Probiotic supplements are widely available and are promoted as a general way to support the gut microbiome and promote health. A new publication in the Journal of Family Practice summarizes the latest evidence on using probiotics for a variety of specific health conditions, providing practical recommendations to assist primary care physicians in advising their patients. The article, authored by current International Scientific Association for Probiotics and Prebiotics board members. (2020-06-01)

Humans have beneficial bacteria uniquely adapted for life in our noses
Researchers publishing May 26 in the journal Cell Reports suggest that some of these 'good' bacteria residing in our guts, genital tracts, and skin also have a niche in our noses. They found that people with chronic nasal and sinus inflammation had fewer lactobacilli in their upper respiratory tract than healthy controls and were able to identify a specific strain of the bacteria that has evolved to better survive the oxygen-rich environment of the nose. (2020-05-26)

Scientists explore links between genetics, gut microbiome and memory
Scientists have traced the molecular connections between genetics, the gut microbiome and memory in a mouse model bred to resemble the diversity of the human population. Researchers from two US Department of Energy national laboratories identified lactate, a molecule produced by all species of one gut microbe, as a key memory-boosting molecular messenger. (2020-04-29)

Probiotic intervention in ameliorating the altered CNS functions in neurological disorders
The review aims at giving a comprehensive analysis of the studies performed on animals and humans and discusses the findings in different neurological and psychiatric disorders (Anxiety, Major Depressive disorder, bipolar disorder, schizophrenia, autism spectrum disorder, cognitive impairments etc). (2020-04-15)

The importance of probiotic names -- and why some of them have changed
A global group of scientists has published a paper announcing name changes for some of the bacteria that were historically grouped under the category of Lactobacillus. Members of the Lactobacillus genus are among the most popular bacteria found in consumer probiotic products and fermented foods. (2020-04-15)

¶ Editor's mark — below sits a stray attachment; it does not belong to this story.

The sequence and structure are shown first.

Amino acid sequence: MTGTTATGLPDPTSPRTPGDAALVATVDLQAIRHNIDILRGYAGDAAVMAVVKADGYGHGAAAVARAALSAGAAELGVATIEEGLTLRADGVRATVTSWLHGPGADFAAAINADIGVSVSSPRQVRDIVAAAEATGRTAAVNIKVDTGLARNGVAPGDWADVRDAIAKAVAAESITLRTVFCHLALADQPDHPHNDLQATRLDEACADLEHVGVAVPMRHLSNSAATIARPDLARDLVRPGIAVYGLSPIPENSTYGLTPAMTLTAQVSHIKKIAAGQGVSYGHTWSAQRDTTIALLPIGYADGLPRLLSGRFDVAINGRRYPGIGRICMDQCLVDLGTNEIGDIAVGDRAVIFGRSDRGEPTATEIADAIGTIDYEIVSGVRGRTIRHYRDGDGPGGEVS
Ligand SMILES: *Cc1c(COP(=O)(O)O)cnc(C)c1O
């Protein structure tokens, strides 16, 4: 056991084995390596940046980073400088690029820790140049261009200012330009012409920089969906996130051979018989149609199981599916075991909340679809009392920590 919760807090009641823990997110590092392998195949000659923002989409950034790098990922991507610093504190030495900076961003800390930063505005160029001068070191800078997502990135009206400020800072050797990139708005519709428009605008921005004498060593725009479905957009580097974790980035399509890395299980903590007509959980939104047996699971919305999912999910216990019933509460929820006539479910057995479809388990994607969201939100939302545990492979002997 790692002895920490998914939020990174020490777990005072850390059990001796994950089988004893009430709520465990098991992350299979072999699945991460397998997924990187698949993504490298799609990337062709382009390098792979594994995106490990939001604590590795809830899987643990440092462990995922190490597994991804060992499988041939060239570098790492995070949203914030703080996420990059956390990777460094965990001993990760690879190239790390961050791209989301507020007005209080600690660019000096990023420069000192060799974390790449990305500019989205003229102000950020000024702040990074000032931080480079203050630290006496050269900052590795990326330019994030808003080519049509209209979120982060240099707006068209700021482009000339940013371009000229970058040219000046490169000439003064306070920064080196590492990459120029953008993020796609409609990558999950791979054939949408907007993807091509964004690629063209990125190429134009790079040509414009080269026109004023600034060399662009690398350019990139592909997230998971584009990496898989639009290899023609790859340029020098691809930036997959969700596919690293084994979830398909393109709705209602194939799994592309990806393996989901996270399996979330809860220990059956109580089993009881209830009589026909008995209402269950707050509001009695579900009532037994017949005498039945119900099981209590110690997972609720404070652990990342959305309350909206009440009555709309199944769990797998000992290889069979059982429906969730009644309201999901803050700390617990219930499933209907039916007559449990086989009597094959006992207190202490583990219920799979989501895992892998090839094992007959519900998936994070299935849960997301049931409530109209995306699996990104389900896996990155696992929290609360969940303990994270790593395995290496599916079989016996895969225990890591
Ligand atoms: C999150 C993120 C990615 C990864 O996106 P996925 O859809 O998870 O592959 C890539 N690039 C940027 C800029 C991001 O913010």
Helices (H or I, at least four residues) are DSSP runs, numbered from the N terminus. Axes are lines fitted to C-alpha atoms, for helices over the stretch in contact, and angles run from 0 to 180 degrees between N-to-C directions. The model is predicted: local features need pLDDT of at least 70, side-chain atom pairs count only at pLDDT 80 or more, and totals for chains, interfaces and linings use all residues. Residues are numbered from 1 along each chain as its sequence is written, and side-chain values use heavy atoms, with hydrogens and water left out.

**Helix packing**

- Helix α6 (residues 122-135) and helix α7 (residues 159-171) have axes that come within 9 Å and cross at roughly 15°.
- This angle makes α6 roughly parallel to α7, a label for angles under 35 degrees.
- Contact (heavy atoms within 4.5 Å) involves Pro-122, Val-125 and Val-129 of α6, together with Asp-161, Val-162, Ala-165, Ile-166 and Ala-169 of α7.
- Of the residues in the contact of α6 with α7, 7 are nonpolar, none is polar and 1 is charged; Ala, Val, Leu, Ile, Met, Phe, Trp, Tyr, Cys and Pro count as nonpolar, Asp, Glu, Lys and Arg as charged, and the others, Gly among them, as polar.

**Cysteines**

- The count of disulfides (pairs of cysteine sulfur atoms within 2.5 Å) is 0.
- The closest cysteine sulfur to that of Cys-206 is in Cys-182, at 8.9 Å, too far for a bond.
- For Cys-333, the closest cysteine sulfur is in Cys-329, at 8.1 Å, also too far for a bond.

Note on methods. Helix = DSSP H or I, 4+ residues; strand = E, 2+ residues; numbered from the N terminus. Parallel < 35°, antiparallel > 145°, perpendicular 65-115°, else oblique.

Probiotics may help treat acne
Acne is caused by chronic inflammation and is often treated with antibiotics. A recent analysis published in Dermatologic Therapy indicates that probiotics may be an effective alternative. (2020-04-08)

The Lancet Gasteroenterology & Hepatology: First clinical trial finds probiotic treatment with dead bacteria is better than placebo at alleviating symptoms of irritable bowel syndrome
Probiotic bacteria that have been killed by heat can significantly improve symptoms of irritable bowel syndrome (IBS) compared to placebo, and are not associated with any safety risk, according to a new 12-week, randomized, double-blind, placebo-controlled clinical trial with 443 patients published in The Lancet Gastroenterology & Hepatology journal. (2020-04-08)

A common gut microbe secretes a carcinogen
Cancer mutations can be caused by common gut bacteria. By exposing human mini-guts to a particular strain of Escherichia coli, scientist uncovered that these bacteria induce a unique mutational pattern in human DNA. This pattern was also found in colon cancer patients, implying that the bacteria induced these mutations. For the first time the researchers establish a direct link between microbes and mutations driving tumorigenesis. This might lead to new measures in colorectal cancer prevention. (2020-02-27)

Poop matters: Making the mouse gut microbiome more human-like
Caltech researchers find that when rodents are prevented from consuming feces, their small-intestine microbiota more closely resembles the microbial communities found in human intestines. (2020-02-13)

Gut feelings: Gut bacteria are linked to our personality
Sociable people have a higher abundance of certain types of gut bacteria and also more diverse bacteria, an Oxford University study has found. (2020-02-12)

Wasps' gut microbes help them -- and their offspring -- survive pesticides
Exposure to the widely used pesticide atrazine leads to heritable changes in the gut microbiome of wasps, finds a study publishing Feb. 4 in the journal Cell Host & Microbe. Additionally, the altered microbiome confers atrazine resistance, which is inherited across successive generations not exposed to the pesticide. (2020-02-04)

Bad to the bone: Specific gut bacterium impairs normal skeletal growth and maturation
Bone mass accrual is regulated by the gut microbiome as well as by diet and exercise. In a new report, researchers at the Medical University of South Carolina showed that a specific gut bacterium, segmented filamentous bacteria, influences particular immune responses in the gut and liver. These immune response changes lead to increased bone resorbing osteoclast and suppressed bone forming osteoblast activity, which impaired bone mass accrual during post-pubertal skeletal development. (2020-01-28)

Be wary of online probiotic health-benefit claims
A new study cautions that while Google is adept at sorting the most reliable websites to the top of the list, most websites providing information on probiotics are from unreliable commercial sources. The public should be wary of searching for probiotic information online as the majority of webpages originate from unreliable sources and health-benefit claims are often not supported by robust scientific evidence. (2020-01-15)

Gut bacteria could guard against Parkinson's, study finds
A common bacteria that boosts digestive health can slow -- and even reverse -- build-up of a protein associated with Parkinson's, new research suggests. (2020-01-14)